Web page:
I have a crossed-classified (Hox, 2010) mixed effects model—also known as crossed random factors (West, Welch, & Galecki, 2015), but I am struggling with how to write the formula for an interaction.

I have observations ($i$) nested within items ($j$) and respondents ($k$). items and respondents are not nested; they are both the units of analysis at "level two." I measured a characteristic of the item, called $Z_j$, and a characteristic of the person, called $X_k$. Thus, both of these are "level two" predictors, but are crossed—not measured at the same unit of analysis.

The primary hypothesis is: Does the relationship between $X_k$ and the outcome, $y_{i(jk)}$, depend on $Z_j$?

The R code seems harmless:

y ~ x * z + (1 + x | j) + (1 + z | k)

But I hit a snag when writing down the formula.

The "level one" equation is simple enough, where we let the intercept vary by items $j$ and respondents $k$, which are crossed (hence in parentheses together, showing they are both at the same "level"):

$y_{i(jk)} = \beta_{0(jk)} + \epsilon_{i(jk)}$

And now the main effects come in when they predict the intercept:

$\beta_{0(jk)} = \gamma_{00} + \gamma_{01j}X_k + \gamma_{02k}Z_j + u_{0j} + v_{0k}$

This shows that the relationship between $X$ and $y$ varies by $j$; and it shows that the relationship between $Z$ and $y$ varies by $k$.

Now, my hypothesis is specified as the $y \sim X$ relationship depending on $Z$. I could write this as:

$\gamma_{01j} = \gamma_{010} + \gamma_{011}Z_j + u_{01j}$

When we substitute everything in, we get two main effects, an interaction, and random effects around intercepts at both $j$ and $k$ as well as random slopes for the main effects.

However, if I add this equation:

$\gamma_{02k} = \gamma_{020} + \gamma_{021}X_k + v_{01k}$

Then we get two identical interaction effects, both $\gamma_{011}$ and $\gamma_{021}$. But since interactions are multiplicative terms, then the way that I formulate my hypothesis shouldn't matter. This is where my confusion arises. Can I include both? It appears not, since they model the same thing. If not, are the two equivalent? Thus, my questions are:

  • Am I specifying this model correctly? (That is, before adding $\gamma_{02k}$)

  • If so, then does that mean: $\gamma_{01j} = \gamma_{010} + \gamma_{011}Z_j + u_{01j}$ and $\gamma_{02k} = \gamma_{020} + \gamma_{021}X_k + v_{01k}$ are equivalent?


Hox, J. (2010). Multilevel Analysis, 2nd Edition.

West, B., Welch, K., & Galecki, A. (2015). Linear Mixed Models, 2nd Edition.

  • 2
    $\begingroup$ Your claim is: $$ (Y\mid \mathcal B =\mathbf b, \mathcal G = \mathbf g) \sim \mathcal{N}(\mathbf{C\beta} + \mathbf{Vb} + \mathbf{Tg}, \sigma) \\ \text{where } \mathbf C = [1, X, Z, X\times Z],\ \mathbf V = [1, X], \\ \quad\mathbf T = [1, Z],\ \mathcal B \sim \mathcal N_2(\mathbf{0, \Sigma_0}),\ \mathcal G \sim \mathcal N_2(\mathbf{0, \Sigma_1}) $$ $\endgroup$ Jan 29, 2019 at 15:19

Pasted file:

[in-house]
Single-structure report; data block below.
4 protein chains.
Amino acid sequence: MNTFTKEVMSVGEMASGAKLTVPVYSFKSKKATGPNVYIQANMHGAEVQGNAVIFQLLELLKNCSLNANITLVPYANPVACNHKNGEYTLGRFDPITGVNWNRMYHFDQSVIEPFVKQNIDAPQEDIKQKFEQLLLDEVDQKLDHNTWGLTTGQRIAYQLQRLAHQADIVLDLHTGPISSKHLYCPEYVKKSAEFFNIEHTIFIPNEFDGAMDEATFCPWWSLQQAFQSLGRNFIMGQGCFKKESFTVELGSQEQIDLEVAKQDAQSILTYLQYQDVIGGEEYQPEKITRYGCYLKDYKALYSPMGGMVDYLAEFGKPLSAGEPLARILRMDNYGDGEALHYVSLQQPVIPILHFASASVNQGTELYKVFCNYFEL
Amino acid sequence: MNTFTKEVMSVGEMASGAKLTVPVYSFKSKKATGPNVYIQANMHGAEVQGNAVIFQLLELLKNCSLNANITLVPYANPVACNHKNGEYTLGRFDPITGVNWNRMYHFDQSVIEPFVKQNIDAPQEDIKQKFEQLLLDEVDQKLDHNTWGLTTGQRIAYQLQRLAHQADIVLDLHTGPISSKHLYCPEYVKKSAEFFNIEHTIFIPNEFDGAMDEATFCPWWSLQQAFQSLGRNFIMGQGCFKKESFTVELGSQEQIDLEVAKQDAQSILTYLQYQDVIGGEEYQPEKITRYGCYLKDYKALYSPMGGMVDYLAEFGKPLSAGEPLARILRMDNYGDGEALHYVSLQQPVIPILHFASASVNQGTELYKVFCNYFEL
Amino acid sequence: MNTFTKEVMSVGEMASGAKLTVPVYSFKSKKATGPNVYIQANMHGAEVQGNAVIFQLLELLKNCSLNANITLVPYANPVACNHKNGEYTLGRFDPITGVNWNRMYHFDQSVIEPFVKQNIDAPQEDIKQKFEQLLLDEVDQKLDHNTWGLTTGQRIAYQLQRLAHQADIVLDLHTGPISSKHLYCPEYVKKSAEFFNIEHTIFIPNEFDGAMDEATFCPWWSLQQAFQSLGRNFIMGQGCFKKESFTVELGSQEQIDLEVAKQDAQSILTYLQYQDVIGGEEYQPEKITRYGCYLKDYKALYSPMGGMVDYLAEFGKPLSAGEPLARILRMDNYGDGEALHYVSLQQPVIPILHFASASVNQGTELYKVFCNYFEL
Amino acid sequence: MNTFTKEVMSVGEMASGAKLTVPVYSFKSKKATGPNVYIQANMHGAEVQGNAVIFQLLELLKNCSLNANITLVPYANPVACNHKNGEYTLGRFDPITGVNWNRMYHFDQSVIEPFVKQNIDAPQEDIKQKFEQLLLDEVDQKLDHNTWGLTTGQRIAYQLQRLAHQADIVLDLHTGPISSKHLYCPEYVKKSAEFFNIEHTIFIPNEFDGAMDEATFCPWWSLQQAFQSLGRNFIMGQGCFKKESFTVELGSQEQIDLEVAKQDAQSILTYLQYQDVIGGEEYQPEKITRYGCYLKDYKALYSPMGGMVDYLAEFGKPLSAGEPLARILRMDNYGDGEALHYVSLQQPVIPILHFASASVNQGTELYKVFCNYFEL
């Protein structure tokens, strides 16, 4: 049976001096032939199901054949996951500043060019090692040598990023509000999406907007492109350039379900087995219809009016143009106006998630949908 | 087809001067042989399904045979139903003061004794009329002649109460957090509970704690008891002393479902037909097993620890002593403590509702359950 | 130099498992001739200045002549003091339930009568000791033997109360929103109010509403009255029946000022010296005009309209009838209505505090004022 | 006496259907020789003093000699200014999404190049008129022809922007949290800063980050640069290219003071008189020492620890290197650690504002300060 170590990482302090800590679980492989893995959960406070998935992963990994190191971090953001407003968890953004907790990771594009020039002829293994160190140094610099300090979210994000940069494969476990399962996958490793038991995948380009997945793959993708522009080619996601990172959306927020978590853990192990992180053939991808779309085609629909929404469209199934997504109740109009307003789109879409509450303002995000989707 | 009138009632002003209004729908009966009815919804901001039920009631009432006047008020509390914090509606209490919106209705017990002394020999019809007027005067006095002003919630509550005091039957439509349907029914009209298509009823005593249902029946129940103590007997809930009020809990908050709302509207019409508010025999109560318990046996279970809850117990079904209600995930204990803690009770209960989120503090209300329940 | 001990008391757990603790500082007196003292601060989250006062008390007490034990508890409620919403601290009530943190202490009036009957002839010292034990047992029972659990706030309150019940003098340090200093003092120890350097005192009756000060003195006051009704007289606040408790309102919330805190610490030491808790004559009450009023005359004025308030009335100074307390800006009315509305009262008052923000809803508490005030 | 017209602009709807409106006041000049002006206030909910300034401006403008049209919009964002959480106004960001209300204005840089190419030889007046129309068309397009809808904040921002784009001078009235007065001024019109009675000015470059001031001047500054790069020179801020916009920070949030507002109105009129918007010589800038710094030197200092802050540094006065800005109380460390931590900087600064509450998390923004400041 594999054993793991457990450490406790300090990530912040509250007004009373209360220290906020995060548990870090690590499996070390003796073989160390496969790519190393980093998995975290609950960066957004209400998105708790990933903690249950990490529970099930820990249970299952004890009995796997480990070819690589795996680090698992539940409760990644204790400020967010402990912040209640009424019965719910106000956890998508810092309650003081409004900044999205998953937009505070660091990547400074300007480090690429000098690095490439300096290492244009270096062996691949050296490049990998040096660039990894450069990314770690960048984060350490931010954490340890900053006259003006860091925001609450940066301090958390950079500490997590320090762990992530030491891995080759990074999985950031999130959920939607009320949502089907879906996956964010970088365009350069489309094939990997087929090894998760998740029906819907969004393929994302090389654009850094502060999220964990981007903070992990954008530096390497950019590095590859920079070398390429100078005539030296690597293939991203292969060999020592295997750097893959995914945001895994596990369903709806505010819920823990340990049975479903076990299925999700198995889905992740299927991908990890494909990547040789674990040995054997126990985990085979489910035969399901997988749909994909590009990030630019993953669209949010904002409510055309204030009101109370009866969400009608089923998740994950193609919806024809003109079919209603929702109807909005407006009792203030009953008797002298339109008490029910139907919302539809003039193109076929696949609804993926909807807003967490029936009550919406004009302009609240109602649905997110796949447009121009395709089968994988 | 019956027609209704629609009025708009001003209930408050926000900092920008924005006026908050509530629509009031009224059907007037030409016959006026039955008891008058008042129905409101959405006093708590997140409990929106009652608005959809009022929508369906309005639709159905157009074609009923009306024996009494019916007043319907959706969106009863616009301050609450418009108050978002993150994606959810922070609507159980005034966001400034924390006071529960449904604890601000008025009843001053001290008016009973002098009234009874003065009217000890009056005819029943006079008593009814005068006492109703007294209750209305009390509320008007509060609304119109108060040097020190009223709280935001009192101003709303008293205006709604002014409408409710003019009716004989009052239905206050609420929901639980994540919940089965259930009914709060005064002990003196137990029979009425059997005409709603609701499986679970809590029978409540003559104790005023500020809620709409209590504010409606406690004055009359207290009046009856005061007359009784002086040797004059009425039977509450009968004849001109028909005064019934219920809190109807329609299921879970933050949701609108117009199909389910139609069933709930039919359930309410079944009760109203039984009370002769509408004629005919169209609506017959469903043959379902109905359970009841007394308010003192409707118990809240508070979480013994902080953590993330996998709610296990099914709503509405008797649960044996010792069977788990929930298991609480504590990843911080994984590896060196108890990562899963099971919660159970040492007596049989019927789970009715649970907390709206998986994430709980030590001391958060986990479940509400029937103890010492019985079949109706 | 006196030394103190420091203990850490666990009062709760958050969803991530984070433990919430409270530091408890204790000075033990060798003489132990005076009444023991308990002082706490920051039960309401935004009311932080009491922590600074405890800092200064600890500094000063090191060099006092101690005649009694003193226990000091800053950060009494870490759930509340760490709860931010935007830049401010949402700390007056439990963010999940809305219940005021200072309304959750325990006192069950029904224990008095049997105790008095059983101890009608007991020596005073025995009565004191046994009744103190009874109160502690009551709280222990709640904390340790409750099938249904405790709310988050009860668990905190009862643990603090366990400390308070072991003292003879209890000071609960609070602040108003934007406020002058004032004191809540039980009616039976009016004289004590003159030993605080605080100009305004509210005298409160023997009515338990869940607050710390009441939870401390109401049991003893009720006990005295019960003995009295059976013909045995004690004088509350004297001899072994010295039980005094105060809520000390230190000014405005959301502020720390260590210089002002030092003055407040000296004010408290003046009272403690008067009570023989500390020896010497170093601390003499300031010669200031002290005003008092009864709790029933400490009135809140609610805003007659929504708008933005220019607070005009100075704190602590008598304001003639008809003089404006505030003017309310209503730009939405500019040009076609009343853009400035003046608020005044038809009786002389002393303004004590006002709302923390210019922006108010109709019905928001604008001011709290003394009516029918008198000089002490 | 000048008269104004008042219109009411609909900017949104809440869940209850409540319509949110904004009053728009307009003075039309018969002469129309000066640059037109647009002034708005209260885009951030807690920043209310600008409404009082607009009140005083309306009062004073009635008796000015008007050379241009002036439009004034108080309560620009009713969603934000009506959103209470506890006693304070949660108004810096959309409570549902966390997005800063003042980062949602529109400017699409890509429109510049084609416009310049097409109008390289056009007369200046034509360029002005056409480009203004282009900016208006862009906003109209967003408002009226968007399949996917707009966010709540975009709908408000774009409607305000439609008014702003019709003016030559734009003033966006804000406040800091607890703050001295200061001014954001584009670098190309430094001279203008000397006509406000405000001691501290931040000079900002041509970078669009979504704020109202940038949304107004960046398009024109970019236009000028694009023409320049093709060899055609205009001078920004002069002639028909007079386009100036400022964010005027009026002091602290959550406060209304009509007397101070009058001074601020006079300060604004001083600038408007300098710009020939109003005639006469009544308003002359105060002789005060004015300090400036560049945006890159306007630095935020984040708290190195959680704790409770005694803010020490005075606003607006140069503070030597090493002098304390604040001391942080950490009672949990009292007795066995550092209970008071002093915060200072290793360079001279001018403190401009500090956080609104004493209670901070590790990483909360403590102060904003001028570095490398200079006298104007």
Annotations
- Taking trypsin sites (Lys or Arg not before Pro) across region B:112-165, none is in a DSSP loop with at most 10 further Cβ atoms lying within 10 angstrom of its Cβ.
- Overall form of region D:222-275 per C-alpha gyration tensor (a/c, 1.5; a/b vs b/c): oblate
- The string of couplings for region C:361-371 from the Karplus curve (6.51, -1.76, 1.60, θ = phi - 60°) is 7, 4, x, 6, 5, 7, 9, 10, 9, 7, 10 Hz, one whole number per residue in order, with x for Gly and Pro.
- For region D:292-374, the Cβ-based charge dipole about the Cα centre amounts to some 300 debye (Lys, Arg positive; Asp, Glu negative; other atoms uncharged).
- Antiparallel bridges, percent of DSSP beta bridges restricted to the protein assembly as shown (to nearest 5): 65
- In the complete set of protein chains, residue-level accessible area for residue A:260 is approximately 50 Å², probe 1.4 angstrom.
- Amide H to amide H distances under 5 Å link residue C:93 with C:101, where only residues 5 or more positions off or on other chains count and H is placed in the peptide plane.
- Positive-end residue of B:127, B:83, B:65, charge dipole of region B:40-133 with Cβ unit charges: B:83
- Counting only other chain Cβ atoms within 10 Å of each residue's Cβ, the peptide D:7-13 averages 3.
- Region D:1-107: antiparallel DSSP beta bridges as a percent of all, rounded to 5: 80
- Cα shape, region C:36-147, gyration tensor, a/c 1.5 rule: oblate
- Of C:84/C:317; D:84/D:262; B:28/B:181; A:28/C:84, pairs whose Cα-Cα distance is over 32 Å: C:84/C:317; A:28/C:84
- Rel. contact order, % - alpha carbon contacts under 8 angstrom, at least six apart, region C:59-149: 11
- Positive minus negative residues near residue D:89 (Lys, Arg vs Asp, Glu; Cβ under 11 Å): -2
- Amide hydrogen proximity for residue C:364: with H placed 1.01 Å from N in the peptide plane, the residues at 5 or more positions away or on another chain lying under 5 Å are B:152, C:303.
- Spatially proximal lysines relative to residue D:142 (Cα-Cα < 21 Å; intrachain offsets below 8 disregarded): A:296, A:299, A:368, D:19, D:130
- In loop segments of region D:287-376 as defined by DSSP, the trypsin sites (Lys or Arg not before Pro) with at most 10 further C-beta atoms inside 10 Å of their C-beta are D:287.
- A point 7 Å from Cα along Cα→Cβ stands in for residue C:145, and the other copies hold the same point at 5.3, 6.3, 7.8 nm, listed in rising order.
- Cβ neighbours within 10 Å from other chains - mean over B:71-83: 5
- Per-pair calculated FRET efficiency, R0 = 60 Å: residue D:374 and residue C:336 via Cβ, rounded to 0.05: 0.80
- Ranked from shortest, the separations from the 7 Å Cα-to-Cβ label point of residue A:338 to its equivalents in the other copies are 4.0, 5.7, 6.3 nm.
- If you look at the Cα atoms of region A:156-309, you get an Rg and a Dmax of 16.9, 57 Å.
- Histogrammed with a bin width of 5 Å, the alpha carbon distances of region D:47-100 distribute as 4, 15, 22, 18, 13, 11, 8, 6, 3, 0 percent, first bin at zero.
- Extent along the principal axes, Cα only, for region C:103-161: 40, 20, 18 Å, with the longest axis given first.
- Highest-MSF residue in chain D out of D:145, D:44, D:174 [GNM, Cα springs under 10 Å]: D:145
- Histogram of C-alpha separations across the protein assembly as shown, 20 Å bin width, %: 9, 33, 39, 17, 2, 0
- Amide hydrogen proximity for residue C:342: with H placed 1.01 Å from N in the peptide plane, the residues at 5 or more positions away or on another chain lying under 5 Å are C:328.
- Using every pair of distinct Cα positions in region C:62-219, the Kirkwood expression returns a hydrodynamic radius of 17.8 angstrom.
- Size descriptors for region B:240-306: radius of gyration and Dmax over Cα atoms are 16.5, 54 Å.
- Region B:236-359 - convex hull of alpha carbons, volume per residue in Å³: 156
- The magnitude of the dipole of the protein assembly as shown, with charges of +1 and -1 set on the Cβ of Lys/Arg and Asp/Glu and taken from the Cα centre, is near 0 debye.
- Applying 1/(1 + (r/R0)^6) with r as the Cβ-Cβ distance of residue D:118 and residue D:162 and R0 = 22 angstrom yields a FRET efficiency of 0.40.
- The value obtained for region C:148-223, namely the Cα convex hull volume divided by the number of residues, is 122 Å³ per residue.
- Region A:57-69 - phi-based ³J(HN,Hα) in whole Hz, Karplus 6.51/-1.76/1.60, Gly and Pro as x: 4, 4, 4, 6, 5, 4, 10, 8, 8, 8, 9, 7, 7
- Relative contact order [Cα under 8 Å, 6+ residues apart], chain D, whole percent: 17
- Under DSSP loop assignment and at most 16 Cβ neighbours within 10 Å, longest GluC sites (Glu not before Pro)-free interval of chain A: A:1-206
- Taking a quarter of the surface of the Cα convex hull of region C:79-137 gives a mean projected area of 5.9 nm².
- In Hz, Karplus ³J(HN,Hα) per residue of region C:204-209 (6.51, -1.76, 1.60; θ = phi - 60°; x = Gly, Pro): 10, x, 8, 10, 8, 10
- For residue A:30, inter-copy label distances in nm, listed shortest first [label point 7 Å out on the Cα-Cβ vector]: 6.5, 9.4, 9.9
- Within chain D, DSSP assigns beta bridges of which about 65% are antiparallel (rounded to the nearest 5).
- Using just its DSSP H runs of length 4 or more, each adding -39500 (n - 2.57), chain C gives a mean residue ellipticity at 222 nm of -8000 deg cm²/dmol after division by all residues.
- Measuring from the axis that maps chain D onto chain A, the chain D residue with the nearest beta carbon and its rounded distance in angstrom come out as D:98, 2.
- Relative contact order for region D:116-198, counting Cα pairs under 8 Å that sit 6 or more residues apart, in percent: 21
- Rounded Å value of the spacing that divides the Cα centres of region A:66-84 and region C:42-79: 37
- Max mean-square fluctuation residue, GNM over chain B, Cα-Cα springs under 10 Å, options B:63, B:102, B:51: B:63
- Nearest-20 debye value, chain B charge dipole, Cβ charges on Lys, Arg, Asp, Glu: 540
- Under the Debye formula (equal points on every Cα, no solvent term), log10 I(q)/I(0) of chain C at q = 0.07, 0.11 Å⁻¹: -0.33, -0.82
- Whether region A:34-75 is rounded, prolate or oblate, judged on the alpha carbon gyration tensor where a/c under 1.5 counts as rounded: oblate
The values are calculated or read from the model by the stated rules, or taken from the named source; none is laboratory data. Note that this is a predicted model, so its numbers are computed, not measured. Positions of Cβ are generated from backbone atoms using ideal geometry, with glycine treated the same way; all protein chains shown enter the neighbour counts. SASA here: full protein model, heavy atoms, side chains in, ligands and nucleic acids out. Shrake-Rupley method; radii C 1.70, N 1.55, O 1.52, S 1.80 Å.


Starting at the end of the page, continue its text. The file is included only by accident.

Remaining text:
• 1
    $\begingroup$ @HeteroskedasticJim could you relate this to the vector notation I use above? $\endgroup$
    – Mark White
    Jan 29, 2019 at 16:32
  • $\begingroup$ I don't think it'd be any different from the answer you already have below. That's why I left it as a comment. $\endgroup$ Jan 30, 2019 at 0:15

1 Answer 1


You could write the model as follows:

$$\left \{ \begin{array}{l} y_{ijk} = \beta_0 + \beta_1 X_{ijk} + \beta_2 Z_{ijk} + \beta_3 \{X_{ijk} \times Z_{ijk} \}+ \\ \quad\quad\quad\quad b_{0k} + b_{1k} X_{ijk} + u_{0j} + u_{1j} Z_{ijk} + \varepsilon_{ijk},\\\\ b_k = (b_{0k}, b_{1k}) \sim \mathcal N(0, D), \\ u_j = (u_{0j}, u_{1j}) \sim \mathcal N(0, V), \\ \varepsilon_{ijk} \sim \mathcal N(0, \sigma^2), \end{array} \right.$$

where $D$ and $V$ denote the variance-covariance matrices for the two sets of random effects, $b_k$ and $u_j$, respectively.

  • $\begingroup$ What about the interaction? $\endgroup$
    – Mark White
    Jan 29, 2019 at 13:50
  • $\begingroup$ Yes, I'll update it. $\endgroup$ Jan 29, 2019 at 14:05
  • 1
    $\begingroup$ Shouldn't the lowercase $b_1$ and $u_1$ terms swap subscripts? How can the relationship between $X_k$ and $y$ vary by $k$? it seems like the relationship would vary by $j$. $\endgroup$
    – Mark White
    Jan 29, 2019 at 14:41
  • 1
    $\begingroup$ @MarkWhite actually, you can permit the sex effect to be different across persons. See page 16 of this JStatSoft paper using lme4 for a variety of IRT jstatsoft.org/v39/i12 $\endgroup$ Jan 30, 2019 at 0:41
  • 1
    $\begingroup$ @MarkWhite I assumed you were familiar with IRT since you were modeling item-response data using similar techniques to the one in the paper. I just think of it simply as allowing the effect of sex to be different by person. If you use indicator coding with male (1) female (0), not all females are zero and not all males are whatever the male coefficient is. $\endgroup$ Jan 30, 2019 at 1:26

Your Answer

By clicking “Post Your Answer”, you agree to our terms of service and acknowledge you have read our privacy policy.

Not the answer you're looking for? Browse other questions tagged or ask your own question.